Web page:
Yeah, so I’ve had some interesting cheese and bread failures lately too. But I won’t expand on those. Suffice to say, sometimes I suck at cheese making. Sometimes I suck at bread baking. And sometimes I suck at child rearing. But if you have ever tried any of those undertakings, then you are well aware of the fact that they all require practice and patience. We all have to start somewhere. Lucky for you, I have the perfect recipes for your very first attempt at cheese making and bread baking. Parenting? Well, let’s just say I’m yet to find the perfect recipe for that undertaking. You’ll just have to keep right on feeling your way around in the dark like the rest of us.
But for now, find comfort in these delicious recipes below and as always, thanks for reading!
NOTHING FANCY FARMER’S CHEESE
1 large piece of cheese cloth
1 quart whole milk or raw milk if you have access.
1 lemon, juiced (possibly 2 lemons)
1 teaspoon salt
Ground pepper, garlic, fresh herbs or spices
1) In large saucepan bring milk and salt to a slow boil while stirring milk consistently to keep from scorching.
2) Once boil begins to roll, remove from heat and stir in the lemon juice. Let sit until curds begin to form, about 6-8 minutes. If curdling does not occur, add more lemon juice.
3) Place sieve or strainer over a large bowl. Line sieve or strainer with cheese cloth. Pour curds into cheesecloth and let whey drain through cloth and strainer, into bowl below.
4) Gather edges of cheesecloth and squeeze out as much liquid as possible from curds. Hang the cheesecloth and curds over bowl to drip for a couple of hours. Getting as much of the liquid out of the cheese as possible will allow the cheese to last longer in the refrigerator.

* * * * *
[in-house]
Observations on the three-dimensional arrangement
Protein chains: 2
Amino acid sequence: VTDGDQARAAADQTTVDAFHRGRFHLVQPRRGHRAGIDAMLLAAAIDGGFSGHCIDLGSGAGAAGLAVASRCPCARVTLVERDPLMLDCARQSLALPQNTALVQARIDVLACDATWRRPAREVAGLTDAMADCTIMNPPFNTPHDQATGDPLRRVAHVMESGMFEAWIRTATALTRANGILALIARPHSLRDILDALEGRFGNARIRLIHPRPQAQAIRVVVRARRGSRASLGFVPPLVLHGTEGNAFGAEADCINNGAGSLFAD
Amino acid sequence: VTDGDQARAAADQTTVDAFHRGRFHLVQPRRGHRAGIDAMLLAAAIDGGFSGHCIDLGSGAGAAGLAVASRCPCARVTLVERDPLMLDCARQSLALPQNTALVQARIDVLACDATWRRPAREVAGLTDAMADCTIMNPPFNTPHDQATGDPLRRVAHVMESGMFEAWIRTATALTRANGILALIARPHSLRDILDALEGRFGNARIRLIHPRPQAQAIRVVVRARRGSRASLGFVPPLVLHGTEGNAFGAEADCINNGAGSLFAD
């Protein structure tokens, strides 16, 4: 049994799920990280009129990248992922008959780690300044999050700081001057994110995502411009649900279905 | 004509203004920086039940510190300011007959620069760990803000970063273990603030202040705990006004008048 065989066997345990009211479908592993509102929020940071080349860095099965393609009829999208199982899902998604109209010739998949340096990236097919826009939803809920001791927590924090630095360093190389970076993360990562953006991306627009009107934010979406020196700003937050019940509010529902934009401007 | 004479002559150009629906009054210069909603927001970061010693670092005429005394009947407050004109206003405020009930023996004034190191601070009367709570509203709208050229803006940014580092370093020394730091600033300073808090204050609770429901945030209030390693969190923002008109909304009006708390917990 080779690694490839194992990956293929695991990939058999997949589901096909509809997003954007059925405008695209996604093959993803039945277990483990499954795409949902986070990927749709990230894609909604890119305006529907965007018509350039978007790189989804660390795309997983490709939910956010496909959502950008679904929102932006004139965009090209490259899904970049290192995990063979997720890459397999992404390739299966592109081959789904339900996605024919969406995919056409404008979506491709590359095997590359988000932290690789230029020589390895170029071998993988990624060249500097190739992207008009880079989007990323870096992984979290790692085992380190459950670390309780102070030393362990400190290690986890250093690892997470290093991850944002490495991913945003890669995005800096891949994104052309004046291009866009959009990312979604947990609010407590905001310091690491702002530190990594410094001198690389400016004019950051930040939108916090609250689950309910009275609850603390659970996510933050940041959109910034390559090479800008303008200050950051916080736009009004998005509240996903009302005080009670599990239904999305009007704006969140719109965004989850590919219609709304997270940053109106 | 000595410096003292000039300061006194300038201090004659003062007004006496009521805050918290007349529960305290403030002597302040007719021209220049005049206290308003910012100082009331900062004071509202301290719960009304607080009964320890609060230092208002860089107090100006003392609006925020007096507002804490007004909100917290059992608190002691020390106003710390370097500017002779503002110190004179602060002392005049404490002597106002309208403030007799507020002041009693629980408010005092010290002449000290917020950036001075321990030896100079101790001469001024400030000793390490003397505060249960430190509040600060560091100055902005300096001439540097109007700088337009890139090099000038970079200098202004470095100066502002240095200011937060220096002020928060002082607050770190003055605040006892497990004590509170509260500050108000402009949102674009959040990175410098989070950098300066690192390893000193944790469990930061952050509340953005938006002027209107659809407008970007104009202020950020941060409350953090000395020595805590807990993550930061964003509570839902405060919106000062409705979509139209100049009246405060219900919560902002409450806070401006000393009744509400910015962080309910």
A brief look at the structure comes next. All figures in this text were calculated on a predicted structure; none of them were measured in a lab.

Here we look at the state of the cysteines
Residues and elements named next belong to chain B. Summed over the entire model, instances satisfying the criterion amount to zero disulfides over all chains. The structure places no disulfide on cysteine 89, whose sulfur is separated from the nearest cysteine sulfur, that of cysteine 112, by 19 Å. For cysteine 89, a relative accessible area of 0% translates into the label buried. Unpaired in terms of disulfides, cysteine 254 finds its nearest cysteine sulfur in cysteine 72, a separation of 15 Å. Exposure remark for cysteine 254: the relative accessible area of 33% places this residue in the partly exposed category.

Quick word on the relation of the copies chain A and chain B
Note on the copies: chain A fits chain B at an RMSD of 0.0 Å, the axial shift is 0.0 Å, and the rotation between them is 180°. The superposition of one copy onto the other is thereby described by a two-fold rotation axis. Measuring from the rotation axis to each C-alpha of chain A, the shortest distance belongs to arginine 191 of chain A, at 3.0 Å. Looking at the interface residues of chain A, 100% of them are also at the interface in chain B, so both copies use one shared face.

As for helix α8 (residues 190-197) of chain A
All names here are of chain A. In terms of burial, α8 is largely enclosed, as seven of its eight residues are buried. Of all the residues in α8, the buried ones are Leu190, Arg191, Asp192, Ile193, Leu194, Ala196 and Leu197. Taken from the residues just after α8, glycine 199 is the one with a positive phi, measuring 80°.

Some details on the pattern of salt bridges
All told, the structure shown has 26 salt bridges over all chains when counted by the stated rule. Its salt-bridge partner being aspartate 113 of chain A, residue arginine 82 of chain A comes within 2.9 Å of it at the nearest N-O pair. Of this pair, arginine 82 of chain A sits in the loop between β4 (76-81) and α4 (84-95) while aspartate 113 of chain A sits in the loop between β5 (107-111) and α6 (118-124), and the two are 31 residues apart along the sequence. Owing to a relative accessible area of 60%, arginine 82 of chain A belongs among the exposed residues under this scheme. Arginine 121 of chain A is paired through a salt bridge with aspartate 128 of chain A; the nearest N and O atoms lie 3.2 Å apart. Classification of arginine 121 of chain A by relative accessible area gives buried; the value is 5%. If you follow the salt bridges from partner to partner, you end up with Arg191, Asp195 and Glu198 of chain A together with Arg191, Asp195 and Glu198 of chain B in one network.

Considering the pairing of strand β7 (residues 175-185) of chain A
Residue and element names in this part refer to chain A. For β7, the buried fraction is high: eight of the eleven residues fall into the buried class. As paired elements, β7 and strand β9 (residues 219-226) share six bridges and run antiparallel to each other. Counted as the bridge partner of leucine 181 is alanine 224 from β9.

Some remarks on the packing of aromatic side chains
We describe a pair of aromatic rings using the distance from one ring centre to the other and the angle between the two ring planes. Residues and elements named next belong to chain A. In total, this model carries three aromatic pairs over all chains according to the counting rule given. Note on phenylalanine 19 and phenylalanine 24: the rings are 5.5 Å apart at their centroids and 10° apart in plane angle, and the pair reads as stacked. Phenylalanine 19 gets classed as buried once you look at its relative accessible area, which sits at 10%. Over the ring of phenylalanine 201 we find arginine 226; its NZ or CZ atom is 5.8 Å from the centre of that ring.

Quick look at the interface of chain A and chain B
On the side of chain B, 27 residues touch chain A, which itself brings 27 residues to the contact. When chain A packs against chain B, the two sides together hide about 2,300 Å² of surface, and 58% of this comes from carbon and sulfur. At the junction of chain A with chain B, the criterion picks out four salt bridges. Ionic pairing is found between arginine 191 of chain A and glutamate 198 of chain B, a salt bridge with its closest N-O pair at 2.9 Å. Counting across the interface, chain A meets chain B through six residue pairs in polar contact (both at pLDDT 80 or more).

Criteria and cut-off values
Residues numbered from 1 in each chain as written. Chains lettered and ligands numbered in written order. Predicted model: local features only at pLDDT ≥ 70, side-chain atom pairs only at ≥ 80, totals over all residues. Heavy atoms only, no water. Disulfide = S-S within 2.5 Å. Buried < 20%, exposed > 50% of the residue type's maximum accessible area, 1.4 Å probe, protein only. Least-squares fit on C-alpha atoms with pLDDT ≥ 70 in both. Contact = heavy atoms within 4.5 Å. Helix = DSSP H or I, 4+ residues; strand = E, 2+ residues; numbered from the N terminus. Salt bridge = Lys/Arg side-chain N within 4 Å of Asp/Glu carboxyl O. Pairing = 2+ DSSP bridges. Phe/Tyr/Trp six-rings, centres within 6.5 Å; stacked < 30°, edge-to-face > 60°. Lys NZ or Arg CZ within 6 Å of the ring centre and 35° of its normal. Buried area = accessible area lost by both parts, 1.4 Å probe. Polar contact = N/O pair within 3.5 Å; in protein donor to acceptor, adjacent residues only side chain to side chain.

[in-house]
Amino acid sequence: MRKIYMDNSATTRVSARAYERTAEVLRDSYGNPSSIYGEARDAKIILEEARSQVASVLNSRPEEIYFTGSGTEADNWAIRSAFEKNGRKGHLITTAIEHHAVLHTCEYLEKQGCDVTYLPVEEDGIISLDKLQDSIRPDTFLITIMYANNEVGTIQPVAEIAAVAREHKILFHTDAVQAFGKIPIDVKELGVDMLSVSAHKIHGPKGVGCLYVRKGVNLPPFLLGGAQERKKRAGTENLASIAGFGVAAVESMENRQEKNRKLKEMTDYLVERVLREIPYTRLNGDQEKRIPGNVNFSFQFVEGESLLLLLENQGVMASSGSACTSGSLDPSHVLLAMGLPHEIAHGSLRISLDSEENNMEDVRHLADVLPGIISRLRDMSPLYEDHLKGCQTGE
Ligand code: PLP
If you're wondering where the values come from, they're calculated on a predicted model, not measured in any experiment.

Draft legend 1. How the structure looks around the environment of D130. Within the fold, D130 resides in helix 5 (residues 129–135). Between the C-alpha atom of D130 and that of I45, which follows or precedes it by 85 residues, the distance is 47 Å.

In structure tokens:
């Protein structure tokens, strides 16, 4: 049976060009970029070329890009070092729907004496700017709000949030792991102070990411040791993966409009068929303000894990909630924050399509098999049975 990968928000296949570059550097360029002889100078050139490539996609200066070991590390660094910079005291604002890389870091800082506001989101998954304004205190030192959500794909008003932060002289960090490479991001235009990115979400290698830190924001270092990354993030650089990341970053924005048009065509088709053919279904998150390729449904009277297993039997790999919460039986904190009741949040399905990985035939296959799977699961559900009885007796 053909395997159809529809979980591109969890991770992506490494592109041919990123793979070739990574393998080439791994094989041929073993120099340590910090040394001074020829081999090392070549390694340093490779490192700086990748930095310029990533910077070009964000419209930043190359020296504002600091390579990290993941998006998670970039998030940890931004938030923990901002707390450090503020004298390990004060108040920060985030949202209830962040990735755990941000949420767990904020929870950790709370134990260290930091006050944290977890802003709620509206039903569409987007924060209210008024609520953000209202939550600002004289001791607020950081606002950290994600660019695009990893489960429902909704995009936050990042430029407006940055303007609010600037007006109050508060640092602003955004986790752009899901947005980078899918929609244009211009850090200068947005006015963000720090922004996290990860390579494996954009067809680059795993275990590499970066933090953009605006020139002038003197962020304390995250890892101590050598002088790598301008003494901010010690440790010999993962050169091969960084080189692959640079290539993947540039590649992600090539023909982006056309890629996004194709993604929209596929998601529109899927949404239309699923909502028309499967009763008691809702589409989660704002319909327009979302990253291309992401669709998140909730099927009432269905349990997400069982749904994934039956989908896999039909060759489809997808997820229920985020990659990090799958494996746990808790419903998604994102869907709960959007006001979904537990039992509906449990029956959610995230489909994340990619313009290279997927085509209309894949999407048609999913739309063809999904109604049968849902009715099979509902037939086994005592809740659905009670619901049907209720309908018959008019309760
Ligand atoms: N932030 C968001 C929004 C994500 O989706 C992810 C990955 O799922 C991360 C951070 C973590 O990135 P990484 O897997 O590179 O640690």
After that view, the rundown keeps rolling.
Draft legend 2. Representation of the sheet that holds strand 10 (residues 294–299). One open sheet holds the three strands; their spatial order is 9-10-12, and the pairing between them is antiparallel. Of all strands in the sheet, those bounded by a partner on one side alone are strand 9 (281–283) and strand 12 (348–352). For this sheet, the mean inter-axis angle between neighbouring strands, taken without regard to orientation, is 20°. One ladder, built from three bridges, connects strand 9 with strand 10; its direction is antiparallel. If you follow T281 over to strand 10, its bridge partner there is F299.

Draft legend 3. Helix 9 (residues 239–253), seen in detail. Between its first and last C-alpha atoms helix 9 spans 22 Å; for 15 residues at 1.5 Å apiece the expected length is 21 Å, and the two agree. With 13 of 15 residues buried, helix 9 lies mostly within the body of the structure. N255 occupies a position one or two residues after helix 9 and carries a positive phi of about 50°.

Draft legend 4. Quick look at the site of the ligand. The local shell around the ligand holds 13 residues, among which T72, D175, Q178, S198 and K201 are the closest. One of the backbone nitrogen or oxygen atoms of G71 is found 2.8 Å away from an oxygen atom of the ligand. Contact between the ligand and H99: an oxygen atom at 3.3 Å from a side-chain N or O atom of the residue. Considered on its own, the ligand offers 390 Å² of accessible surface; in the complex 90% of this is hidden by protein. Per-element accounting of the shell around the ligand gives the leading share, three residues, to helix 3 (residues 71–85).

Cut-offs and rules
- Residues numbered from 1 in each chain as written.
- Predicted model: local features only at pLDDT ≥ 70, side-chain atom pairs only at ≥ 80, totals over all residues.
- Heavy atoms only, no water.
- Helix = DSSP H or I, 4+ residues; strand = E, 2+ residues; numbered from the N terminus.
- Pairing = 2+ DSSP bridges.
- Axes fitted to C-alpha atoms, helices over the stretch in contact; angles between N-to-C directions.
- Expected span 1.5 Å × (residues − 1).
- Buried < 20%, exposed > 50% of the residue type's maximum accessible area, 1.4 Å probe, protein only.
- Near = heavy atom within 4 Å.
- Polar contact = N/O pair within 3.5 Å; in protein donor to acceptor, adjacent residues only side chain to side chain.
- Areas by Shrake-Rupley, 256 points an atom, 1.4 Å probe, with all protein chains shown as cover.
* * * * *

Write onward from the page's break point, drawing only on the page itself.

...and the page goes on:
5) Once cheese is firm, place into bowl and add garlic, fresh herbs, s&p or whatever spices you prefer. Or simply eat it plain.
6) Bake bread (see recipe below) with leftover whey or store in your freezer for up to 3 months.
WHEY WHEAT BREAD BATCH
2 cups whey
2 tablespoons active dry yeast
2 tablespoons butter, room temperature (I use unsalted)
3-4 tablespoons raw sugar
5 cups whole wheat flour (possibly 6+ cups total)
1) Combine whey, yeast and 4 CUPS of the flour in large bowl. Mix well, cover with plastic wrap and allow to bubble. (Although it’s not necessary, I sometimes allow my starter to ferment for a day before making my bread. However, it’s also fine to simply let it sit for an hour or so.)
2) NOTE: Stand-up mixers are magical. This is where my hand-me-down counter top Kitchen Aid mixer makes me feel uber posh and filled with gratitude. However, if you do not own one of these gems, then good old fashioned elbow grease will get the job done and give you a good workout in the process.
Add sugar, butter, 1 cup of flour and salt to your bubbly yeast mixture. Mix for about 10 minutes with paddle attachment on medium until mixture looks smooth. If you do not have a stand up mixer, time to work on getting those highly sought-after ripped forceps and triceps.
3) If you are using the upright mixer, switch to dough hook attachment. Turn on medium speed and add more flour in quarter cup increments. This is not an exact science. You may need to use more or less flour for your concoction, but keep adding flour until dough is elastic and smooth, without being too sticky. If you are doing your work by hand, time to begin kneading inside the bowl. Be sure to flour your hands well. Begin working flour into dough with hands until stretchy and smooth.
4) Once dough is smooth, form into a ball, place in large bowl and cover with a clean towel. Leave to rise for about an hour or until doubled in size. After the dough is done rising, punch it down, push out any excess air bubbles you feel. Let it rest and rise again for a bit. Preheat oven to 375.
5) After second rise, I placed dough into greased, standard sized loaf pan and baked for 35-40 minutes or until loaf is nice and golden brown on top. Glass pans are fab, because you can see if the bottom is a nice golden color as well.
Bread baking can be tricky sometimes. It takes practice. Don’t get discouraged if this first attempt didn’t go well for you. Press on, try again.
Assuming all went well with this first attempt, now is the time to celebrate the deliciousness with a warm slice, a pat of butter and a nice up of joe.